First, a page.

The simplest type of charting technique is that of identifying a trend. Technicians indicate a consistent change in prices in either upward (rising trend) or downward (falling trend) direction. Rising (falling) trends are said to be the result of bullish (bearish) sentiment about the stock.
Rising trend will continue as long as prices do not fall below the trendline. In terms of trading, the rising trendline is considered a signal to buy. This is the case until trend is broken by prices falling below the trendline.
Falling trend will continue until it is broken by prices rising above the trendline. Until the trend is broken, the falling trend indicates bearish sentiment and is often interpreted as a signal to sell.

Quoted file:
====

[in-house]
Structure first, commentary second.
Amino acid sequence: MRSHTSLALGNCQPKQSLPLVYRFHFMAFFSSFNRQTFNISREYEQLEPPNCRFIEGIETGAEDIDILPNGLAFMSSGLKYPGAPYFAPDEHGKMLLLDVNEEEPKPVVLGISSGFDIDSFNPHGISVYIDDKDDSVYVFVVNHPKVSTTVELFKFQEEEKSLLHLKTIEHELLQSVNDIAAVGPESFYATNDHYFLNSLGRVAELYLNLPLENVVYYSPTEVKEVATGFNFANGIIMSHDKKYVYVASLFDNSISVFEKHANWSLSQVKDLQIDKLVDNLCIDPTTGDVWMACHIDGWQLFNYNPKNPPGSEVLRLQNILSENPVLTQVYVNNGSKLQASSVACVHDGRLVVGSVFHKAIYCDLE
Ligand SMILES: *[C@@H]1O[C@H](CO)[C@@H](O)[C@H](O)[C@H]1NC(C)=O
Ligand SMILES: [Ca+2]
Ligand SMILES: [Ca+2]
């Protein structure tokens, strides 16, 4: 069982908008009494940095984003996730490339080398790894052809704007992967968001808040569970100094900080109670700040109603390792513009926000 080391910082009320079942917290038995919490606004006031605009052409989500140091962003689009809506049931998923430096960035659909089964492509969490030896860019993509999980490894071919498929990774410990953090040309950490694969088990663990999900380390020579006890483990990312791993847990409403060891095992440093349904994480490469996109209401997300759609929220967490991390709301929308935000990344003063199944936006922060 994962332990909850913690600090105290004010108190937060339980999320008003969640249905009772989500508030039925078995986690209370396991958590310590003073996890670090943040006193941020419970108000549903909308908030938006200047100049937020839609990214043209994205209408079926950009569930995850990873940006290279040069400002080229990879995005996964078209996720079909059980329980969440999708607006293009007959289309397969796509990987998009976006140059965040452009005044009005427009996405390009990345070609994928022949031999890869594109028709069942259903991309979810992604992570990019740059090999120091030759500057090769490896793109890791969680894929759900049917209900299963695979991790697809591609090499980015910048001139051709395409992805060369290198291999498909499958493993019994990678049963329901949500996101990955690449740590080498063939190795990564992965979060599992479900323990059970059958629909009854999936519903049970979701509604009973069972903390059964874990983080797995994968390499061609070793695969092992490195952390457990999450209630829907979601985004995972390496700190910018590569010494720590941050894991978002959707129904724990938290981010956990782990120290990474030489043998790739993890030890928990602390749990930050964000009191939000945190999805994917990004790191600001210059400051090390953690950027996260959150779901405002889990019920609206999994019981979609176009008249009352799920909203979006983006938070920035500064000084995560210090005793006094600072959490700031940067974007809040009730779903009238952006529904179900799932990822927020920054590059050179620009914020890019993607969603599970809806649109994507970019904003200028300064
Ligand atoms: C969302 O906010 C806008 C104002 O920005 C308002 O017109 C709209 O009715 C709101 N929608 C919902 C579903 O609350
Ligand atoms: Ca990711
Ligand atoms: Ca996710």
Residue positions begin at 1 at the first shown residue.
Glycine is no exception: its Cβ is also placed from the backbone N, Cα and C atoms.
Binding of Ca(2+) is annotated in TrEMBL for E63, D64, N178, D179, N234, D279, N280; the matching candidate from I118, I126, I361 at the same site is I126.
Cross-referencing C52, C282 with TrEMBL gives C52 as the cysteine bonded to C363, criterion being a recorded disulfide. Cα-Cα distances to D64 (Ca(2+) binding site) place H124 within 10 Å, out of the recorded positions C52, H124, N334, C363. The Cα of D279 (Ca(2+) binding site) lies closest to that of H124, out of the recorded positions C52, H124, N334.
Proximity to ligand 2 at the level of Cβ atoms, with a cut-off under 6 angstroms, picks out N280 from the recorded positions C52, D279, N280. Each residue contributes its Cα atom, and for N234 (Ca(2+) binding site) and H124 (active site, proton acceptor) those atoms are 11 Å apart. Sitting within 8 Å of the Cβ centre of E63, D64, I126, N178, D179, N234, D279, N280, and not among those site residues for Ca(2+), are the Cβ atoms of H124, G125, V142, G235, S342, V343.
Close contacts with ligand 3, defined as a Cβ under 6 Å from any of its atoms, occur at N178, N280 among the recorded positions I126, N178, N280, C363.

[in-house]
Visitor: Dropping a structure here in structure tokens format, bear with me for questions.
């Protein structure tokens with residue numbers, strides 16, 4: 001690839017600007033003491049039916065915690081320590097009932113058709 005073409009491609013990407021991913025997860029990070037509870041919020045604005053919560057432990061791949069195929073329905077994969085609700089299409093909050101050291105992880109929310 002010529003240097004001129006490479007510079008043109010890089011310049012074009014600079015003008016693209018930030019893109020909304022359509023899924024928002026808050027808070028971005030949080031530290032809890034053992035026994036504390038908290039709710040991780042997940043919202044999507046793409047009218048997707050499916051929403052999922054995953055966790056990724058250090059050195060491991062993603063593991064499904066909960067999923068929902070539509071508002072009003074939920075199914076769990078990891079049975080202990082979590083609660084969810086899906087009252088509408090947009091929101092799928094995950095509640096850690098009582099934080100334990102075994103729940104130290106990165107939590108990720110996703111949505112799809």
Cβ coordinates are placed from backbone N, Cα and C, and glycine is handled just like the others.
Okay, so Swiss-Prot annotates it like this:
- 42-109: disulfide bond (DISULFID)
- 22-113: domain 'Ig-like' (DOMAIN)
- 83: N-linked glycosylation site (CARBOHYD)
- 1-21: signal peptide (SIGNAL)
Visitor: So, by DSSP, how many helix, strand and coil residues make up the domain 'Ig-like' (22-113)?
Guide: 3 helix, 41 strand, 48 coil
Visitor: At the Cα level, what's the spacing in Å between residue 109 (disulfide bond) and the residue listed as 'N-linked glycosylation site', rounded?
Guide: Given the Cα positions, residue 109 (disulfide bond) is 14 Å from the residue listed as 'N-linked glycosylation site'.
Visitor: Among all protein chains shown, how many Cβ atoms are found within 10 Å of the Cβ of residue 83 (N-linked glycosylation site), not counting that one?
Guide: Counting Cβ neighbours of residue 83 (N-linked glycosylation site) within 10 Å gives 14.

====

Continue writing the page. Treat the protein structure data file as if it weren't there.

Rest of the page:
Another traditional technique is the moving-average line. Technicians use a moving average to indicate long-term trends. A 200-day moving average is a popular time length; however, smaller periods are also popular, particularly when used in combination with longer period moving averages.
If the overall price trend has been down, then the moving-average line would generally lie above current prices. If prices reverse and break through the moving-average line from below, with heavy volume, then this is a break-out and the signal is bullish and to buy.
Conversely, if the overall price trend has ben upward then the moving-average line would generally lie below current prices. A break through the moving-average line from above, with heavy volume, is a break-out and the signal is bearish and to sell.